UFC® RIO Silva vs Okami at HSBC Arena on Saturday, August 27, 2011 in Rio de Janeiro, Brazil (Photos by Al Bello/Zuffa LLC/Zuffa LLC via Getty Images) via UFC.com
For long time fans, few moments on the exciting UFC 134: Rio card captured the sheer emotion of Antonio Rodrigo Nogueira knocking out Brendan Schaub in yet another miraculous comeback performance. Many fans (including, yes, me) wrote Minotauro off heading into the fight, thinking the legend's time was done. But with some quick work on his feet, the former Pride champion put a temporary stop to the young Schaub's rise.
Now that the emotion of the moment has died down a bit, I'm left asking myself - how exactly did he do it? How did the submission expert knock out the heavy handed young gun?
In this Judo Chop, we'll break it down and see what we can figure out.
Against Schaub, we saw Nogueira display a surprising side of his stand-up game - speed. As fighters age, speed is one of the first things to go, especially when it comes to reaction time. Nogueira however shows surprising speed here, particularly during the exchanges.
Full breakdown, with gifs, in the complete entry.
Gifs by BE reader Grappo.
Here's a good early example of that speed in regards to defense. As the two men come together, Schaub is keeping his lead left hand low, which gives Nog a good opening to connect with a right hand. Before throwing that right, Nog gives a very slight feint with the left to get Schaub thinking the punch is coming from the left side. He then steps in and delivers a nice straight right that catches Schaub clean. Nog does make a mistake here, as he keeps his own left hand low when connecting with the right, allowing Schaub to come back with a counter right hand that connects. But Nog responds very well, ducking and using head movement to avoid Schaub's two follow up punches. That defensive speed and the ability to quickly dodge those inside punches, especially after just being hit, is not something I expected out of Minotauro in this fight, and it allows him to remain in the pocket with Schaub while minimizing damage. This is important for the end of the fight.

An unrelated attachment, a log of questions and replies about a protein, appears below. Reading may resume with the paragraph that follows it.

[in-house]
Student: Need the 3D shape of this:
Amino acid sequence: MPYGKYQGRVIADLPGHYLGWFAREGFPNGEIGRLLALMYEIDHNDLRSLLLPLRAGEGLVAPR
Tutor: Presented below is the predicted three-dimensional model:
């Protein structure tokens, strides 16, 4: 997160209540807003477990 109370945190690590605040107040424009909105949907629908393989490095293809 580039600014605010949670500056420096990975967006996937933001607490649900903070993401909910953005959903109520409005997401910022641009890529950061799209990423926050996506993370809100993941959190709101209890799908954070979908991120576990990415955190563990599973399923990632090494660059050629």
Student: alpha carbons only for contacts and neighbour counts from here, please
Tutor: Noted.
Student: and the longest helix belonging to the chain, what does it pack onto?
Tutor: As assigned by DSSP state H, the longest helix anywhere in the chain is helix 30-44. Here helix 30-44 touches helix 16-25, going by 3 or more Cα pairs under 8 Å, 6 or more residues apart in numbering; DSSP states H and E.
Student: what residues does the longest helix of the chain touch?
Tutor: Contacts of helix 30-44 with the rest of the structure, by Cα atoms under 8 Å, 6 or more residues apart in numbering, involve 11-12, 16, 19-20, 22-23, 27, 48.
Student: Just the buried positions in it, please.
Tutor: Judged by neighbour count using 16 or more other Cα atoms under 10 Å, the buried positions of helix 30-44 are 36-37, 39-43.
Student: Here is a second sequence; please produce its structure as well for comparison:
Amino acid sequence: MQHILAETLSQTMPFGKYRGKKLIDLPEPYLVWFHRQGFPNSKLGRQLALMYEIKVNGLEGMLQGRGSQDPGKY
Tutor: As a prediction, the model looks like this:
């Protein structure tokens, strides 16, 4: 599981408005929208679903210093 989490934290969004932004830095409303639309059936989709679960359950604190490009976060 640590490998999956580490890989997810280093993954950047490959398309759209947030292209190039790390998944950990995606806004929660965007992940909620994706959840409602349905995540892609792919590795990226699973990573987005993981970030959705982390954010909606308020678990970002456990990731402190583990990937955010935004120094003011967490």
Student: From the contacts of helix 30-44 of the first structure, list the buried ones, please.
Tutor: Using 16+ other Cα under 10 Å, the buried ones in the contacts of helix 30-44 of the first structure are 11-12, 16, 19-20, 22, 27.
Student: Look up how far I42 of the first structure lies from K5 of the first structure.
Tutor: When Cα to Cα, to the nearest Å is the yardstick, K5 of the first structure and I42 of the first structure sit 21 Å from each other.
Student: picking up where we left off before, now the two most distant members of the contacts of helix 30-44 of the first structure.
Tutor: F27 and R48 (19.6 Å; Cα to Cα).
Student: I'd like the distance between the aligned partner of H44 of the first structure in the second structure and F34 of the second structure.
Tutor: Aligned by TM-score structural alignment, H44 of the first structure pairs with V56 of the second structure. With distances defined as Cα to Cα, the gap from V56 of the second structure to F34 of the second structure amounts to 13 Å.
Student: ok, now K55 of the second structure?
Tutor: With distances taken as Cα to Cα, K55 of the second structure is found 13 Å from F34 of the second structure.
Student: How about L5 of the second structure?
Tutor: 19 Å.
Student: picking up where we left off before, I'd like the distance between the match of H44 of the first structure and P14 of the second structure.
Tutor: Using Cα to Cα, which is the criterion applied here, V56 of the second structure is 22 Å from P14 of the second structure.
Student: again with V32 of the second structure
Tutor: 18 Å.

He also shows good offensive speed, as you can see here (due to the logo in the corner, the gif is a bit confusing, but it begins with the left hand). At the start of this sequence, Nog is moving forward while Schaub moves back, which was the typical pattern for the fight. But here, Nog quickly takes an extra step forward and throws a very sudden left jab. The punch completely catches Schaub by surprise and lands clean, partly because Schaub continues to carry his hands low. We are seeing the older Nogueira using speed and timing to beat Schaub to the punch. He combines that speed with accuracy to make the most of his punches. He has now showed his ability to move faster than Schaub's hands in both a defensive and offensive setting.
Finally, it all comes together in the fantastic fight-ending combo. As we've seen already, Schaub is keeping his hands a bit low, and Nogueira starts by connecting with a quick left. He follows that up with a big overhand right thrown immediately after the left, and it's this right that really causes the damage. As Nog throws the right, he drops down to his left side a bit, which both gives him more momentum in his punch, and allows him to avoid a counter right from Schaub. As it turns out, Schaub throws an uppercut instead, but he's stunned and off balance and it's a sloppy punch that misses. Nog sees his opening and follows up with the kind of high volume, go for the kill combo we don't normally see from him, throwing an additional 7 punches in the 2 seconds following that overhand right. Part of the reason Nogueira can fully commit to this sequence is because of his previously established ability to avoid Schaub's counters, which will get him out of trouble should Schaub return fire.
Notice how during the exchange Schaub, overwhelmed by the punches, allows his hands to drop and turns his head to the side, giving Nog a clear shot at that chin. On the 6th punch, Nog finds his target, dropping Schaub with a perfectly placed tight left that lands right on the chin. Some quick perfunctory ground and pound ends it.
Technically, Nogueira's exchange is not flawless. Had Schaub's uppercut been on target, Nog's exposed head could have caused him real troubles. He also moves his back foot forward during the exchange, which brings his body more square and costs him both power and defensive options. But he makes up for that with the speed of his initial two punch combo and his punching volume, giving Schaub no time to capitalize on these minor holes.
Brendan Schaub vs. Antonio Rodrigo Nogueira ends with one man outboxing his slower opponent and simply overwhelming him with punches until it proves too much. Which is how a lot of us predicted this fight ending. But few thought it would be Nogueira's hands that caused the damage.